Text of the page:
My photo
ALBERT B. CASUGA, a Philippine-born writer, lives in Mississauga, Ontario, Canada, where he continues to write poetry, fiction, and criticism after his retirement from teaching and serving as an elected member of his region's school board. He was nominated to the Mississauga Arts Council Literary Awards in 2007. A graduate of the Royal and Pontifical University of St. Thomas (now University of Santo Tomas, Manila. Literature and English, magna cum laude), he taught English and Literature (Criticism, Theory, and Creative Writing) at the Philippines' De La Salle University and San Beda College. He has authored books of poetry, short stories, literary theory and criticism. He has won awards for his works in Canada, the U.S.A., and the Philippines. His latest work, A Theory of Echoes and Other Poems was published February 2009 by the University of Santo Tomas Publishing House. His fiction and poetry were published by online literary journals Asia Writes and Coastal Poems recently. He was a Fellow at the 1972 Silliman University Writers Workshop, Philippines. As a journalist, he worked with the United Press International and wrote an art column for the defunct Philippines Herald.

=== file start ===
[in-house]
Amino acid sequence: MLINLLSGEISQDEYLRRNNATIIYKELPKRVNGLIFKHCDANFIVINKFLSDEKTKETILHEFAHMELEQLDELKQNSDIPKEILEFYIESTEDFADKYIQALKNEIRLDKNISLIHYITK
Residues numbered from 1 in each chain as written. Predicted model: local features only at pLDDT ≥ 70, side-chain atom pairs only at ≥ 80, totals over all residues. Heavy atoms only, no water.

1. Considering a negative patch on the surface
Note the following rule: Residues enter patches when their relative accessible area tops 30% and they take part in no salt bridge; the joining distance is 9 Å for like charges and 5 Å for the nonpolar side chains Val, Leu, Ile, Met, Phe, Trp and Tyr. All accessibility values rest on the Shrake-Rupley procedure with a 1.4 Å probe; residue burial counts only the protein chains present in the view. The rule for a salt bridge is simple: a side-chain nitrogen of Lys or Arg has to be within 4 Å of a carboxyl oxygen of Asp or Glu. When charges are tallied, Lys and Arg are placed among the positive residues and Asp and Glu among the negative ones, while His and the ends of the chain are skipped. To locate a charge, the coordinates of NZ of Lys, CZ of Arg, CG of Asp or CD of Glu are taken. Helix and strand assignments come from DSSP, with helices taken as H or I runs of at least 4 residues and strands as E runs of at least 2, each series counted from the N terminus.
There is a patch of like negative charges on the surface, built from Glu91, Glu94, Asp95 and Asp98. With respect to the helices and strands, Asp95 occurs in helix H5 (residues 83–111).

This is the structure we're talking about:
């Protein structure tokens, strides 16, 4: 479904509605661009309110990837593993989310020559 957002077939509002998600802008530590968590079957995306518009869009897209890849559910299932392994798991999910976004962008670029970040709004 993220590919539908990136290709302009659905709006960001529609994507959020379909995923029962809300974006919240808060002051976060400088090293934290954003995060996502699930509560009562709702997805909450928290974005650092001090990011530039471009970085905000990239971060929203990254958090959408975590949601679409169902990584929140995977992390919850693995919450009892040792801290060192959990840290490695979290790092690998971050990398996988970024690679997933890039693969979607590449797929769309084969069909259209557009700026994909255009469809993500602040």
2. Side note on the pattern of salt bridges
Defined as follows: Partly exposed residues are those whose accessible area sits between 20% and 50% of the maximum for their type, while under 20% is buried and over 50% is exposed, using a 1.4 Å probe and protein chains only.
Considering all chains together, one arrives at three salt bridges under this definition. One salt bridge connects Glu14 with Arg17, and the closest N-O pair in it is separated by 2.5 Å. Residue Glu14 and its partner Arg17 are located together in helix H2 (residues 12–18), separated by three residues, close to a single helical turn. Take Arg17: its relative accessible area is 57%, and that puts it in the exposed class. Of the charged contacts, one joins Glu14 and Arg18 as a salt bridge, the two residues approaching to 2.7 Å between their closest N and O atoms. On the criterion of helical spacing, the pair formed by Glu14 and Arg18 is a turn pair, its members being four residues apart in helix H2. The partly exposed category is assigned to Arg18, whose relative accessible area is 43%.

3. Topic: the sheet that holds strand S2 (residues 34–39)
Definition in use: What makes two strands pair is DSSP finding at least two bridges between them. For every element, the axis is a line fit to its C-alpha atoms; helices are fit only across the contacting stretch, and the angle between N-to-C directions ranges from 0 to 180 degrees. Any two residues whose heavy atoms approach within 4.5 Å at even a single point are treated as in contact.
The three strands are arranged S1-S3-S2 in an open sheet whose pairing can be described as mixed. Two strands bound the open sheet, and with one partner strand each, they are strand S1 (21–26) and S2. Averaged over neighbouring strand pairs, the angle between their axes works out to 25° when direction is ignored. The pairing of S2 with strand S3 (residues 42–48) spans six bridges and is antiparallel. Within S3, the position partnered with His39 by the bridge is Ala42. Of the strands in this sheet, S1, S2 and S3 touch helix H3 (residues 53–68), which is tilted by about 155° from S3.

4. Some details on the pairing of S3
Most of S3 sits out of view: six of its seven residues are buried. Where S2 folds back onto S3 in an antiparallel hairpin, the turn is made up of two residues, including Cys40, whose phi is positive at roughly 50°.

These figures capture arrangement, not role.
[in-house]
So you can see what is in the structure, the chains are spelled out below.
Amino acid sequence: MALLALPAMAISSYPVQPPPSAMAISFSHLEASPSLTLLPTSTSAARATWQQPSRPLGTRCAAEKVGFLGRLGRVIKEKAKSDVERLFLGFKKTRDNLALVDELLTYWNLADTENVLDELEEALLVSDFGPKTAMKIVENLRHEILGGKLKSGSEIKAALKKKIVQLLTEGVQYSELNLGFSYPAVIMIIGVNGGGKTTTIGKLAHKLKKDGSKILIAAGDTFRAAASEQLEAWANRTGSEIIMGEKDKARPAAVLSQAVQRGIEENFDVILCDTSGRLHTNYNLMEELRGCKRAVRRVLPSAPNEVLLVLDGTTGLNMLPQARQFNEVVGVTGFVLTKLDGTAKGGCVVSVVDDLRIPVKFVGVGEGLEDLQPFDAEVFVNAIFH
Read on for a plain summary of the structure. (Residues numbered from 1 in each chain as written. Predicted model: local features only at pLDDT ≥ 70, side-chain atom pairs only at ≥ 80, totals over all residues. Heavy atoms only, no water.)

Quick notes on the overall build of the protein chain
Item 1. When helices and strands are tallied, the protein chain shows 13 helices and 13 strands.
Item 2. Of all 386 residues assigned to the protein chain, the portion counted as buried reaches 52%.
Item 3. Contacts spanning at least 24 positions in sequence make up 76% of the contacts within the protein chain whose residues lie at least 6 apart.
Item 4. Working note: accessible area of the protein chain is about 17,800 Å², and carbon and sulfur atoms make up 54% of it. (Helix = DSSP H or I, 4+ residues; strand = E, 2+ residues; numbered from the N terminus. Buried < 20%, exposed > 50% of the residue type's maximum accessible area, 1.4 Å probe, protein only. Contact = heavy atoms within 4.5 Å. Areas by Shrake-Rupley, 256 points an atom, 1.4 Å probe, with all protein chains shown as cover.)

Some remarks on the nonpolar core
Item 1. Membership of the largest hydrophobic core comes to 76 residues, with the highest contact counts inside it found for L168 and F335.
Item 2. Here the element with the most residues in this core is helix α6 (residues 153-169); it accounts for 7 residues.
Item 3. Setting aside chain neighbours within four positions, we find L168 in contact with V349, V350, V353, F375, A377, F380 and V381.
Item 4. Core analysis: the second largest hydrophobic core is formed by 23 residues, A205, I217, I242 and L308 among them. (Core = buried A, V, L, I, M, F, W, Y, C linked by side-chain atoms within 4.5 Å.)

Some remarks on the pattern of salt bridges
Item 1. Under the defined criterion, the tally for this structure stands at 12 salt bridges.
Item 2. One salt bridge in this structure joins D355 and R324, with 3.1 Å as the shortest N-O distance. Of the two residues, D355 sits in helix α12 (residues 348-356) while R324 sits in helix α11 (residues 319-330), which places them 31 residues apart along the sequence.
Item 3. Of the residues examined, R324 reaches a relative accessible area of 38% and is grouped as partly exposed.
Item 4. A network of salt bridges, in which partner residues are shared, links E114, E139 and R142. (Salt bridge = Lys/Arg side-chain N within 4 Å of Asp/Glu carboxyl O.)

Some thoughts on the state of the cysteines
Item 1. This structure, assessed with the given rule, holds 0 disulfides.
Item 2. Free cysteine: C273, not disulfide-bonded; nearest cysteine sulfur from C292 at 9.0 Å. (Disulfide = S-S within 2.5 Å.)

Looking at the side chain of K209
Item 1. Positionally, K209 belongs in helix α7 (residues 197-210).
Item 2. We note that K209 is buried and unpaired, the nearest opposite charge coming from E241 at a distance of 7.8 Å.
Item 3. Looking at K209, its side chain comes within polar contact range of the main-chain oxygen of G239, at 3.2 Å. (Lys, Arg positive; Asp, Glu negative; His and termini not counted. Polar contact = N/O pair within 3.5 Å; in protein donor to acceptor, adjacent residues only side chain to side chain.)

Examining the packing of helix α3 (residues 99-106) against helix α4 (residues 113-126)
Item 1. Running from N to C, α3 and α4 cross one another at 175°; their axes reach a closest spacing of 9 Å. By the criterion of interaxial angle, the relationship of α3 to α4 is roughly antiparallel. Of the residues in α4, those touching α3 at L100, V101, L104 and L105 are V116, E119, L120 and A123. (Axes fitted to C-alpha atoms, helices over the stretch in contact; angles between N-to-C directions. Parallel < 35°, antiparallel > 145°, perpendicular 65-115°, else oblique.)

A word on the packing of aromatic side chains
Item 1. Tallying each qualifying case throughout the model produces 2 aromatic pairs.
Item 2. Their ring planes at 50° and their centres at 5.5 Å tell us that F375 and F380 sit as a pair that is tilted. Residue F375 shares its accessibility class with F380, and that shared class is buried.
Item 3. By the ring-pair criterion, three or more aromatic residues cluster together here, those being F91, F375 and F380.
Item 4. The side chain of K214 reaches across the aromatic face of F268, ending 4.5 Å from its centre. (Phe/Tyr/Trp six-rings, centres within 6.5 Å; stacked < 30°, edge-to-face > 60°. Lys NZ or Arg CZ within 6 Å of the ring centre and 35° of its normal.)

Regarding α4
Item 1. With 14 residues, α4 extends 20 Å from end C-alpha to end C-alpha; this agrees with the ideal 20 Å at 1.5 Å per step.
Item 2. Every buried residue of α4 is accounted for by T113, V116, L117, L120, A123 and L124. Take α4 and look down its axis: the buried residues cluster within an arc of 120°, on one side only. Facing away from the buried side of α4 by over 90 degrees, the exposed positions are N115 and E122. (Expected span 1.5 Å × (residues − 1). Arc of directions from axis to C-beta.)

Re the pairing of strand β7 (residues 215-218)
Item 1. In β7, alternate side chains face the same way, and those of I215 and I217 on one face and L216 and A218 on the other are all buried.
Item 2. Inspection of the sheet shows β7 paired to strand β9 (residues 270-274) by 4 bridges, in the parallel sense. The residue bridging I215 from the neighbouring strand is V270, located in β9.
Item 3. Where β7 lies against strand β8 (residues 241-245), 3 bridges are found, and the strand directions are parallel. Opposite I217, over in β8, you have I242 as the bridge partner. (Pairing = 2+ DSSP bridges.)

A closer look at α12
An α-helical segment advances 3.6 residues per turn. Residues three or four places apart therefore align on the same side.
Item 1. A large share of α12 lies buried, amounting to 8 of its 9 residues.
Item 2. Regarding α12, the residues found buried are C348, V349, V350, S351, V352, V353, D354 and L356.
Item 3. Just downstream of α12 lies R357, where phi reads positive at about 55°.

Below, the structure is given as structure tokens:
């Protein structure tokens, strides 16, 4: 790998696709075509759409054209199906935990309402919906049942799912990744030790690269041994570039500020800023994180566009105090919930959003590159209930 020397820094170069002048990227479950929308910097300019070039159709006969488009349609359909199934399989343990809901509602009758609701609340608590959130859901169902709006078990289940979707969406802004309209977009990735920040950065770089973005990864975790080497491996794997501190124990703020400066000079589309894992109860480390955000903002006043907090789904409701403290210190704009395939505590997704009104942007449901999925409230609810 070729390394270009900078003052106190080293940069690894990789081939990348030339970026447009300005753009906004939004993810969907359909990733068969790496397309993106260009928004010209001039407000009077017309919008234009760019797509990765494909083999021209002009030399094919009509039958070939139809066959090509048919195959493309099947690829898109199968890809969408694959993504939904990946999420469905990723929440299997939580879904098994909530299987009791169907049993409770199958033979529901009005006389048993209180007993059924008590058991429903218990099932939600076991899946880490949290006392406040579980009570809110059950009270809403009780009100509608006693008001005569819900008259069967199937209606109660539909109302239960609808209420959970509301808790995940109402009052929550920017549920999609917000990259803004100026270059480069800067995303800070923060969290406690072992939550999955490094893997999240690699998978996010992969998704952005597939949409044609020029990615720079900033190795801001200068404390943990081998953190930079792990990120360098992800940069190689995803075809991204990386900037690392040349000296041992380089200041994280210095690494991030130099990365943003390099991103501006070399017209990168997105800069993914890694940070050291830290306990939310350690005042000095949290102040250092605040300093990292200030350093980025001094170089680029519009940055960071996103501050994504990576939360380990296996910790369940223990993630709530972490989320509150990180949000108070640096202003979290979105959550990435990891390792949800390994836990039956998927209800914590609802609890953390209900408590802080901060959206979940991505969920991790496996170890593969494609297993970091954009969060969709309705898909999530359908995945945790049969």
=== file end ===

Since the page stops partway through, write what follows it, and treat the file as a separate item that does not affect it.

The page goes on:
Friday, October 26, 2012




Ahhh…so much mirth with the greening Earth,
so I ordered more rain for the plains of Spain!
Perplexed yet with this morning’s menu?
Hail, rain, sleet, sunshine, winter remnants
are of no moment when I sip my minted tea.

I tap my fingers with the rooftop staccato,
dip my biscuit not once but thrice with brio.
That done, I slide my gafas anteojos down
my schoolmarmish nose to read the paper
rolled like a salami on my morning table.

Unfurled, my gazette of daily mayhem
confirms the slaughter of yet more lads
and lasses in the name of country and god,
of yet more hungry children orphaned
in lands where force majeure trumps
the rule of nature and law, where hurt
and pain are never ever granted furlough.

“Aiee, Dios mio,” I sigh quickly, and drink
my tea before it gets cold. Birds steal
my biscuits, but like the wind-blasted trees,
I droop and execute my dotard shrug.

—Albert B. Casuga


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